American Cynicism vs Danish Idealism: That the ruthless and corrupt hero of House of Cards, Francis Underwood, so completely captivated American television viewers should, perhaps, have alerted us to the possibility of Donald Trump in the White House. The tremendous popularity of the Danish TV series Borgen and its heroine, Birgitte Nyborg, testifies to the worldwide hunger for a more principled kind of politics.
ALONG WITH LEGO, and those foiled-wrapped segments of creamily delicious cheese, Borgen, is one of Denmark’s most successful exports. When the idea of a series about the intricacies of Danish politics was pitched to the bosses at the publicly owned Danish Broadcasting Corporation more than a few eyebrows must have shot up. But, somehow, the show’s creator, Adam Price (one of Denmark’s leading television chefs!) convinced them to back the project – and Borgen went on to wow the world.
What made the series so compelling (apart from Price’s intelligent script and Sidse Babett Knudsen’s insightful rendering of Birgitte Nyborg, the drama’s central character ) was the way party politics was presented to the show’s well-off and well-educated audiences.
Unlike the blackly comical British series, The Thick Of It, which delighted in portraying the political process and its practitioners as irredeemably corrupt and ineffective, Borgen took as its starting point the historically undeniable ability of the democratic process to improve the lives of ordinary human-beings.
It’s an important difference. The Thick of It may be funny, but it is also profoundly disempowering. Nothing good can come from the politics represented in TTOI because none of its characters are in the least bit inspiring. The viewers may laugh at the hugely inventive invective which pours out of the mouth of its anti-hero, Malcolm Tucker, but very few of them would want to inhabit his world.
Borgen does not pretend that the political world is without self-aggrandisement and venality. Or that deception, compromise and betrayal are not inescapable aspects of the exercise of political power. But the series refuses to make these the be-all and end-all of the process. In the character of Birgitte Nyborg, Price offers his audience a politician who, through all the vicissitudes of high public office, remains unswervingly committed to the bright bundle of ideals that impelled her into politics.
Borgen is empowering precisely because it refuses to validate the cynicism and disillusionment which pervades so many ordinary citizens’ perception of contemporary politics. What makes the series work dramatically, however, is the way Price plays to his audiences’ deep-seated yearning for a politician who refuses to play it safe. A person with enough faith in the intelligence of the voting public to tell them the truth, and enough trust in the essential goodness of human-beings to address her policies to what Abraham Lincoln called “the better angels of our nature”.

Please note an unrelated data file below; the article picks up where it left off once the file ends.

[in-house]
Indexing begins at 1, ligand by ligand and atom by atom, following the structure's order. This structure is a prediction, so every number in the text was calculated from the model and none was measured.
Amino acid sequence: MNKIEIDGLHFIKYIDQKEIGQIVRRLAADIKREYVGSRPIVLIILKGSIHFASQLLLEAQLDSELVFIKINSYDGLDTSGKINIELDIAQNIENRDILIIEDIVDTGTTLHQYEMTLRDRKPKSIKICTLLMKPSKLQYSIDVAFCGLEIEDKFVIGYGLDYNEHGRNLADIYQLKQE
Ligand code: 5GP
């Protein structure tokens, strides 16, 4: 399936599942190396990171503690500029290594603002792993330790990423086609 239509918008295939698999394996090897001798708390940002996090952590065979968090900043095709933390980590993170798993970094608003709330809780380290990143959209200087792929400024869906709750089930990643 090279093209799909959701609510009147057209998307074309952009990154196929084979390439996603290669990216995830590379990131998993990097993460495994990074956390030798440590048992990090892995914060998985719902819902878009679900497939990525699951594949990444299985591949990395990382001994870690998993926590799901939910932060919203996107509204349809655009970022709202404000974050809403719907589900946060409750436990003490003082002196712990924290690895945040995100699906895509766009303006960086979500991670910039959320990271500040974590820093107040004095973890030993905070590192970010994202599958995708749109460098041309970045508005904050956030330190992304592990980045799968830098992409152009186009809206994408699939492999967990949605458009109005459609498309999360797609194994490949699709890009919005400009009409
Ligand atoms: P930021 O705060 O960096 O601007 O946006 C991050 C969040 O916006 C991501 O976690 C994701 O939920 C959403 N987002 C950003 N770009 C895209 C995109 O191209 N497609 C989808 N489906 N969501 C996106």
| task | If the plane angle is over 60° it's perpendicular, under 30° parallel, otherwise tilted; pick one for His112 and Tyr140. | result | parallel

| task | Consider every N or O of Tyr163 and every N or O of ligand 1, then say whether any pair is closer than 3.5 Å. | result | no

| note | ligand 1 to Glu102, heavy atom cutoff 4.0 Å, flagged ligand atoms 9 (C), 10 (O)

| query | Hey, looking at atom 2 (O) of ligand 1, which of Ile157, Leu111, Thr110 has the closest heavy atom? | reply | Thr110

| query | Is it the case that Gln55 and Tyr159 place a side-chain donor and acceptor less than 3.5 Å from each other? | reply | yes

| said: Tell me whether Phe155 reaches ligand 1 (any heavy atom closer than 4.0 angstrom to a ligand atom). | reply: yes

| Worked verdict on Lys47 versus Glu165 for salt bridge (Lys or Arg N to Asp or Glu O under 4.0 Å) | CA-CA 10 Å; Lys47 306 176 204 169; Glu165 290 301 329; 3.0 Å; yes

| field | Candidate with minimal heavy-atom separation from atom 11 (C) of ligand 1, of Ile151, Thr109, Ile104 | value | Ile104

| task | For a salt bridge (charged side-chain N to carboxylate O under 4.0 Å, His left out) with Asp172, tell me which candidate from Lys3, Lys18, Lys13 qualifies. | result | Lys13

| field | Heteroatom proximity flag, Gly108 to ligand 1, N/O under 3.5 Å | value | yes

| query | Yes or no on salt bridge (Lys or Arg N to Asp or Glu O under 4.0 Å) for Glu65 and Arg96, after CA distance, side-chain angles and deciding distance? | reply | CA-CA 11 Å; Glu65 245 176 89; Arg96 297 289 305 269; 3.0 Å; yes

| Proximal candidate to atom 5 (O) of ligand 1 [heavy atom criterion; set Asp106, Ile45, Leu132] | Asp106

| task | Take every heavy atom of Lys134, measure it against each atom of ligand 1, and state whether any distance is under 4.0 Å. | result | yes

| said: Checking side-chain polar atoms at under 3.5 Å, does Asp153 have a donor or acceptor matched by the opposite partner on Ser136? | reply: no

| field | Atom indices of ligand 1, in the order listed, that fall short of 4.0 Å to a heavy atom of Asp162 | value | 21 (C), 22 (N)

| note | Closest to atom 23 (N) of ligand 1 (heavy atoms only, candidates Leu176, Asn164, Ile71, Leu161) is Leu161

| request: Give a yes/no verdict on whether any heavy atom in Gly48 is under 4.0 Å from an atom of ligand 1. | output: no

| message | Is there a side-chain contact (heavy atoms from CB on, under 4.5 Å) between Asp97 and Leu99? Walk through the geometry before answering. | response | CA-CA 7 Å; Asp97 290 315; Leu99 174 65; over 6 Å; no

This is the style of politics that Birgitte Nyborg practices – and Borgen’s audiences love it.
Danish Broadcasting is to be commended for Borgen. Not only because it reveals Denmark, a country about the same size as New Zealand, to be deeply committed to the idea that its public broadcaster has a vital role in both explaining and upholding its democratic institutions, but also because it is willing to invest in the creative capacities of its own citizens – to the point of funding a project of Borgen’s scope and scale. Would that New Zealanders were as committed to preserving the public service aspects of their broadcasting system!
Because there is a price to be paid for dwelling only on the negative aspects of politics. If voters are encouraged to believe that their political system is “rigged”, and that their political leaders are “crooked”, then they will cease to have faith in the intricate networks of alliances; the complex arrangements of compromises; and the step-by-step fulfilment of promises that is the daily grind of democratic politics.
And when that happens: when the voters dismiss the give-and-take of parliamentary politics; the sort of politics that President Lyndon Johnson personified, and which produced the transformational Voting Rights Act of 1965; then they begin to long for a leader strong enough to dispense with the formalities of politics and cut to the chase.
Except that a leader who’s contemptuous of complexity and compromise must also be contemptuous of the voters themselves. Because the inescapable fact of human existence is that it is not simple, and that the competing needs of human society are only resolvable by people who are willing to compromise.
Compromising does not mean capitulating. This is Borgen’s core message. That compromising is about keeping your own ideals alive by recognising the ideals of others: the rights of others.
Rejecting the politics of Birgitte Nyborg, leaves only the anti-politics of Donald Trump.
This essay was originally published in The Waikato Times, The Taranaki Daily News, The Timaru Herald, The Otago Daily Times and The Greymouth Star of Friday, 28 October 2016.